Knowing and understanding the Latino community is of paramount importance in order to effectively formulate an outreach plan, programs and services, and a Spanish-language collection. That was why – after Carla retired – the Library Director and the Board of Trustees decided to recruit a native Spanish-speaking professional to take care of both the Spanish collection and Latino services.

Before I can talk about my job as Latino Services Librarian, I find it necessary to clarify a few misinformed assumptions about Latinos or Hispanics. The terms “Latinos” or “Hispanics” used by the U.S. Census, politicians, marketers and universities are contested by many Spanish-speaking people who claim they are misleading since there is not a Latino or Hispanic state or nationality. For practical reasons of census count and politics, these peoples are lumped into a single homogenous group. But the so-called Latinos in the U.S. are composed of heterogeneous ethnic groups from diverse cultural backgrounds and cannot be viewed as a homogenous whole.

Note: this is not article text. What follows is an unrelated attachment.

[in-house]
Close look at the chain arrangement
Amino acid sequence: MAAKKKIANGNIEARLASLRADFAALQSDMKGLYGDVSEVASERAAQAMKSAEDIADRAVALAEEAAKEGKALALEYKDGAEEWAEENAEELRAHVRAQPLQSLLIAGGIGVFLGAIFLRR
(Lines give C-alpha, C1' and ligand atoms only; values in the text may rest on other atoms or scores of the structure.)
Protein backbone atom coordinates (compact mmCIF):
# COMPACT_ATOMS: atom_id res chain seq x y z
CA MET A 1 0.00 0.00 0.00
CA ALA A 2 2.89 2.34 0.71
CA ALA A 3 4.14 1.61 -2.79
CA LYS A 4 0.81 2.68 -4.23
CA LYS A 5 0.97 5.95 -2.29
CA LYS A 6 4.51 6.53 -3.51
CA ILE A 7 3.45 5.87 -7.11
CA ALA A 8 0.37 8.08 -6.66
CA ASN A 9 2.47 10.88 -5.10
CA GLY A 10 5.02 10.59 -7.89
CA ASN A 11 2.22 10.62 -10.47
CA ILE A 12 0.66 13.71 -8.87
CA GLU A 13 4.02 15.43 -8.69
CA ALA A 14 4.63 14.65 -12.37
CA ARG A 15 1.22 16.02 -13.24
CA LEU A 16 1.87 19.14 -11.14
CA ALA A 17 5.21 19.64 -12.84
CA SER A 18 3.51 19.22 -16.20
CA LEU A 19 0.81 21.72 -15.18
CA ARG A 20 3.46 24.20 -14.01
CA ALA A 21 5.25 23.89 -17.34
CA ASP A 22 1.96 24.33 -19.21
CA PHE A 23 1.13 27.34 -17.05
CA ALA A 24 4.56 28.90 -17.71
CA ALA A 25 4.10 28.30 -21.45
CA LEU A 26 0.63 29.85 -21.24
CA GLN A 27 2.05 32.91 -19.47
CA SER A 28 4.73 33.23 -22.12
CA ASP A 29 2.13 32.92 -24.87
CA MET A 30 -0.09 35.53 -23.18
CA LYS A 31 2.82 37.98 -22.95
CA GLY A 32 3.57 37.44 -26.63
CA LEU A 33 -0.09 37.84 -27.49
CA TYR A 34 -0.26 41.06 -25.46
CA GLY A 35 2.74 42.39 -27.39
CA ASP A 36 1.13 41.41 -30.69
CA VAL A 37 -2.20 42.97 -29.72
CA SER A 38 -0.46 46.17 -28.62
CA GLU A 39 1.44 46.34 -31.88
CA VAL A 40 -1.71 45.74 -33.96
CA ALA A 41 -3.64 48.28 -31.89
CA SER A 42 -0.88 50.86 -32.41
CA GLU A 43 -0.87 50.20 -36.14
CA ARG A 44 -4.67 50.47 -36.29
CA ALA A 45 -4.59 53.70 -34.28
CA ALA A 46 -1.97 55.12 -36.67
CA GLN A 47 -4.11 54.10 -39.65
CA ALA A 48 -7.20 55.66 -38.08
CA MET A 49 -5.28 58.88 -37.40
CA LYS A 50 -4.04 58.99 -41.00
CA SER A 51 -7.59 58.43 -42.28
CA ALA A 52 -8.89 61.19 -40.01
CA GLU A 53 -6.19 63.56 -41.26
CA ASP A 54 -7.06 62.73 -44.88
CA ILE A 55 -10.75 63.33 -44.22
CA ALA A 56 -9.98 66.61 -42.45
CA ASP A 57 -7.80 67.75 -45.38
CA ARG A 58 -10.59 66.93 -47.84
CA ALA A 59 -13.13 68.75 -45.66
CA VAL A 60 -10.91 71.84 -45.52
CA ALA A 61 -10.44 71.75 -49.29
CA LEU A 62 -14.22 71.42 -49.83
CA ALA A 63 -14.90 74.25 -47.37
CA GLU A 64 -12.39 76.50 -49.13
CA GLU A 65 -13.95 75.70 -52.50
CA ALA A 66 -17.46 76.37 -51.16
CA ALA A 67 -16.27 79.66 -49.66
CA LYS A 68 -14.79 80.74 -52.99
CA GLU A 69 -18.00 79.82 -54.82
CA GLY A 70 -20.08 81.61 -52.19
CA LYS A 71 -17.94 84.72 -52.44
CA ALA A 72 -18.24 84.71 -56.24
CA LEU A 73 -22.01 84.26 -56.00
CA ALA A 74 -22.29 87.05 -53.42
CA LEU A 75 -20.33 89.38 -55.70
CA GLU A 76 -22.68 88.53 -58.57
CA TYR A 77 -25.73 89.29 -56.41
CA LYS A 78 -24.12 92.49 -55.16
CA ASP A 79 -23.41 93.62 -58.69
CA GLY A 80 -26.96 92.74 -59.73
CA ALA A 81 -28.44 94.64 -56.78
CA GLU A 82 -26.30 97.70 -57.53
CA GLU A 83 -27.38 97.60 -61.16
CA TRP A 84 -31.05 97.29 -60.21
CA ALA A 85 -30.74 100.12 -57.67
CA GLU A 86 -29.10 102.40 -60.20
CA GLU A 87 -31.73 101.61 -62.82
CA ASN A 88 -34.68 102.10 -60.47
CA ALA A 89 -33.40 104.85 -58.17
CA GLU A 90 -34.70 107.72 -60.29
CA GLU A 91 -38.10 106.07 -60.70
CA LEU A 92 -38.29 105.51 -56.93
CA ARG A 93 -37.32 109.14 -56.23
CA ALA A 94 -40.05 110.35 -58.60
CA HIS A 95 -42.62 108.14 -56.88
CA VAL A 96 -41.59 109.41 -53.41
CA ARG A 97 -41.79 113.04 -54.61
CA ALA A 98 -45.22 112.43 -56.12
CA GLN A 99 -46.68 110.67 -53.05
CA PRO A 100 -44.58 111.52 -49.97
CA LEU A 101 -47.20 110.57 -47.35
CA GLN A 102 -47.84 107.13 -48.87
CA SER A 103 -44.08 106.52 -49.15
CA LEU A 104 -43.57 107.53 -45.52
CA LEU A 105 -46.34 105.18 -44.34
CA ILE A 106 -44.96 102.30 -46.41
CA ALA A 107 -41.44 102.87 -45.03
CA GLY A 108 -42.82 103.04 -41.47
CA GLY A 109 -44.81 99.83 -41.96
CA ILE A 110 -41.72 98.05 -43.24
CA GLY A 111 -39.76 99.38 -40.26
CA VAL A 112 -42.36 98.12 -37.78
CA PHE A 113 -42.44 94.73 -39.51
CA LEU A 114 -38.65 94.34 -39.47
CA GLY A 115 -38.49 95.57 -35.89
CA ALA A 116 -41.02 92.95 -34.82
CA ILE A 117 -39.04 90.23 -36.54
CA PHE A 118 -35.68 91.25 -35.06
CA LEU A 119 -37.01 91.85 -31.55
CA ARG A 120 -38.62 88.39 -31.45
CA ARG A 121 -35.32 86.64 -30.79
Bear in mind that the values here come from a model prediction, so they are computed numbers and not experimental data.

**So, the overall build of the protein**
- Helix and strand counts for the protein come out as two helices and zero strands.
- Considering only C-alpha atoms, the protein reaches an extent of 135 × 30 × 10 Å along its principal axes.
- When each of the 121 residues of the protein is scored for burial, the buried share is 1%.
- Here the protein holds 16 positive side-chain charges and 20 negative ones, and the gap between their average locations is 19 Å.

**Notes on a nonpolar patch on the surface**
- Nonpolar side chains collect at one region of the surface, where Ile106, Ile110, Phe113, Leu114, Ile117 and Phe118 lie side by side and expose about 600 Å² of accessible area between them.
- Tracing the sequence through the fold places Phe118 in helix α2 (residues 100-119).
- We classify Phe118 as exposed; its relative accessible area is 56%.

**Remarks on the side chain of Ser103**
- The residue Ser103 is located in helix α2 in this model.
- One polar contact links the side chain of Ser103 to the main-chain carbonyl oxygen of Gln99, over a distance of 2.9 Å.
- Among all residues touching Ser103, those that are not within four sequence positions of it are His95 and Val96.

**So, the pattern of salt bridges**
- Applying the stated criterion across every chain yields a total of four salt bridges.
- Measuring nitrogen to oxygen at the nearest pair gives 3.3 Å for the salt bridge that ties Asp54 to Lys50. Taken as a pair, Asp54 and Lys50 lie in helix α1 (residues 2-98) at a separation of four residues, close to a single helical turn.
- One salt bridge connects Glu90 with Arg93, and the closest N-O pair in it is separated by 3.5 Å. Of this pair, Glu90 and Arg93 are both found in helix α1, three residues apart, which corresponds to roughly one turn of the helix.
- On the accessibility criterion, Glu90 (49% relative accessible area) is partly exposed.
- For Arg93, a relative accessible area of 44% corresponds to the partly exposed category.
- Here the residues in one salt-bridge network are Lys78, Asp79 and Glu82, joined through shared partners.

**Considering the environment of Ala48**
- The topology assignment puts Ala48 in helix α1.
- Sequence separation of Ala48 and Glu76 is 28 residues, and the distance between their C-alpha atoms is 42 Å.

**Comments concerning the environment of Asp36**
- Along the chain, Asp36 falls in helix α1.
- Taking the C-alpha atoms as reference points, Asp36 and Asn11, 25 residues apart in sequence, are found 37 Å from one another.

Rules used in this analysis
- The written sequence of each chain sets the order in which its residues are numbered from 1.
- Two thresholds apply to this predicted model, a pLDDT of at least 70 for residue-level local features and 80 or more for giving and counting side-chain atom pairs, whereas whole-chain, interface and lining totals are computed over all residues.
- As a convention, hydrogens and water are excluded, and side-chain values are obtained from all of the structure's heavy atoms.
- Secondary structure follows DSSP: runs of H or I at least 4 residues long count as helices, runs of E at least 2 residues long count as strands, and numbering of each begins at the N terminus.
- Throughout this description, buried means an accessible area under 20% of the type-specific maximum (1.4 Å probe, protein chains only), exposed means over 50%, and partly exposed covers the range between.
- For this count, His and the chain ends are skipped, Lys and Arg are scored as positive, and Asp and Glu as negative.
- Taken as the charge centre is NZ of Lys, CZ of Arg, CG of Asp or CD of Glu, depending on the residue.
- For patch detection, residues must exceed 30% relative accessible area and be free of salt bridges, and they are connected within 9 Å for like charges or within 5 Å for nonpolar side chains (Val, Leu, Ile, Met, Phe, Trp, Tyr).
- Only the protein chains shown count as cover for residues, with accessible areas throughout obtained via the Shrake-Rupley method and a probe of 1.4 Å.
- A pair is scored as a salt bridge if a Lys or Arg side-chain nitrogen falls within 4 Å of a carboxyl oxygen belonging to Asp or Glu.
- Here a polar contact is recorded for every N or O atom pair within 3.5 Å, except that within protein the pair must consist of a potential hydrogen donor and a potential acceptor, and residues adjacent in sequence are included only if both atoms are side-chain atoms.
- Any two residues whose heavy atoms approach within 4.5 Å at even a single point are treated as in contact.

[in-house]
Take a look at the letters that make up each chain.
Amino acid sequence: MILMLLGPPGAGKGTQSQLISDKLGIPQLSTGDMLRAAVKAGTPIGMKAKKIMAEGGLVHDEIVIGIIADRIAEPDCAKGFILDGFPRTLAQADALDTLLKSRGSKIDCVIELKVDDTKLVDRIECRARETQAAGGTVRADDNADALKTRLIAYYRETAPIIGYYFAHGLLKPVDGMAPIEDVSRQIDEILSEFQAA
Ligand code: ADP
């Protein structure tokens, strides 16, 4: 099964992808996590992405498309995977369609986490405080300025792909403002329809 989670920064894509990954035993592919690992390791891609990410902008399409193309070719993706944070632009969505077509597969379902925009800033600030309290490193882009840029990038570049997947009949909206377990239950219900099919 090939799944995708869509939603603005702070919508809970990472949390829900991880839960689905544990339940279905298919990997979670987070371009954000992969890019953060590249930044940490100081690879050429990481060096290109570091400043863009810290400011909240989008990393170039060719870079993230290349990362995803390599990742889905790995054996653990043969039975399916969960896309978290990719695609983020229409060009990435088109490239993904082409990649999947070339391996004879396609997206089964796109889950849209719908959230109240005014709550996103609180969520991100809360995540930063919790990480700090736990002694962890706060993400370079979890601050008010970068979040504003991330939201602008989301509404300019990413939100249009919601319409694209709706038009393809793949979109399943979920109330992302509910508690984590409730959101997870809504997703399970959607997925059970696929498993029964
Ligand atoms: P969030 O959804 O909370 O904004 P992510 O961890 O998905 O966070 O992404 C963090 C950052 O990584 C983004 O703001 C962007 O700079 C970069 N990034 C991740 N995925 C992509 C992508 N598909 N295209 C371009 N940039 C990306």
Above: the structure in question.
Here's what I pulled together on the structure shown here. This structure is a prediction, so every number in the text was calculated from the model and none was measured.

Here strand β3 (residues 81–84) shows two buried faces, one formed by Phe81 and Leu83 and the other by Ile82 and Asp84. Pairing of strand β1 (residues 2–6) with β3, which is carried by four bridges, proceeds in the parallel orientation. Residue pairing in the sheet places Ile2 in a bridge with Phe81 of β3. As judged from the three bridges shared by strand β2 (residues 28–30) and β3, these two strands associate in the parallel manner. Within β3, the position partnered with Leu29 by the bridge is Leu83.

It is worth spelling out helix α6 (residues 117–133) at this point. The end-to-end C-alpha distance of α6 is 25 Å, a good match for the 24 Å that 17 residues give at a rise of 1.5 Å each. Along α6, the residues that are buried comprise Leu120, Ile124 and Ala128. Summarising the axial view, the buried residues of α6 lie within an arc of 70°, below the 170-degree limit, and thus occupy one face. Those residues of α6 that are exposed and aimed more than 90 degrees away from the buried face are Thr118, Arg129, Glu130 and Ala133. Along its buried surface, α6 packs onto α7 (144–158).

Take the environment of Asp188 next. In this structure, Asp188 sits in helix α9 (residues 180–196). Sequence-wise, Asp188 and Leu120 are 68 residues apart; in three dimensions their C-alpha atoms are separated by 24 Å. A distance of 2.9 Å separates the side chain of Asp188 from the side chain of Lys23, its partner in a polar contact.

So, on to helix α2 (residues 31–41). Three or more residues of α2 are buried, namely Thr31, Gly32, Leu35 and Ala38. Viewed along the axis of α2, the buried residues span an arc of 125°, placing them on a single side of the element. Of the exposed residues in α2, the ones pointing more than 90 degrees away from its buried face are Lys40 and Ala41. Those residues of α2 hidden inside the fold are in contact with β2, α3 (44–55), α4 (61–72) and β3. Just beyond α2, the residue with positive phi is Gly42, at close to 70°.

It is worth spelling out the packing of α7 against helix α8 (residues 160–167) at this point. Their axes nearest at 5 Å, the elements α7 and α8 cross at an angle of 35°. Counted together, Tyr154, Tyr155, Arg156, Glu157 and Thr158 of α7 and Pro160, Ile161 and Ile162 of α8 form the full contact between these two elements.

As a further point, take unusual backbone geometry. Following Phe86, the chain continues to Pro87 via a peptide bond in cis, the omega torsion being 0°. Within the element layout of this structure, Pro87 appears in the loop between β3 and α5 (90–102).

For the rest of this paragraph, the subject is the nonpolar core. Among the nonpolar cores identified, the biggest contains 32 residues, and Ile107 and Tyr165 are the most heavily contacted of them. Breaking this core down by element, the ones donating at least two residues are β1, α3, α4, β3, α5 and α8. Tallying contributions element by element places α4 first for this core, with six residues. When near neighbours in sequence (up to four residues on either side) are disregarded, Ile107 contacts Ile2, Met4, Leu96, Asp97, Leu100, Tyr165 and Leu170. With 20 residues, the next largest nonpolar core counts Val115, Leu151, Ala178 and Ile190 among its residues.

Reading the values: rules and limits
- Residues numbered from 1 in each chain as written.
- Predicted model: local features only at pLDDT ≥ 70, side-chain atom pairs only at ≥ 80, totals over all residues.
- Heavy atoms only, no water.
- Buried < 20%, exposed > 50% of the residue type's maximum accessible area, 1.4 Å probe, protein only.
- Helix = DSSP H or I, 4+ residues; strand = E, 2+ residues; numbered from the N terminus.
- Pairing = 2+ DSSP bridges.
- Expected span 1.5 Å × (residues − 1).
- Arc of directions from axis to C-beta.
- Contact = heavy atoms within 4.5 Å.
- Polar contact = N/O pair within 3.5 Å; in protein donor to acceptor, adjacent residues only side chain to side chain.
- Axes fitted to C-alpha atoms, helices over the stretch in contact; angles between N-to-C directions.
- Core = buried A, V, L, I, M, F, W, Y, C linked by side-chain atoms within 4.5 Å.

Contrary to the popular assumption that for Hispanics libraries are not a regular part of their lives in their home countries, libraries are viewed in the same ways as in the U.S. The great Latin American cities also have great libraries, and people appreciate their services just as they do here. What leads to this false idea is the fact that significant numbers of Hispanic immigrants who come to this country in search of jobs (mostly in the hospitality industry, construction, landscaping and other services) represent a minority in their own countries of origin, mostly coming from underdeveloped rural areas.

Logically, these low-income groups do not have access to higher education and are used to hard work from a young age in their home countries. When they come to live and work in the U.S., they are ambitious for their children to have the education they were denied. This is one special group that libraries target because of their obvious need to be well-informed and educated in order to function successfully in all realms of American life.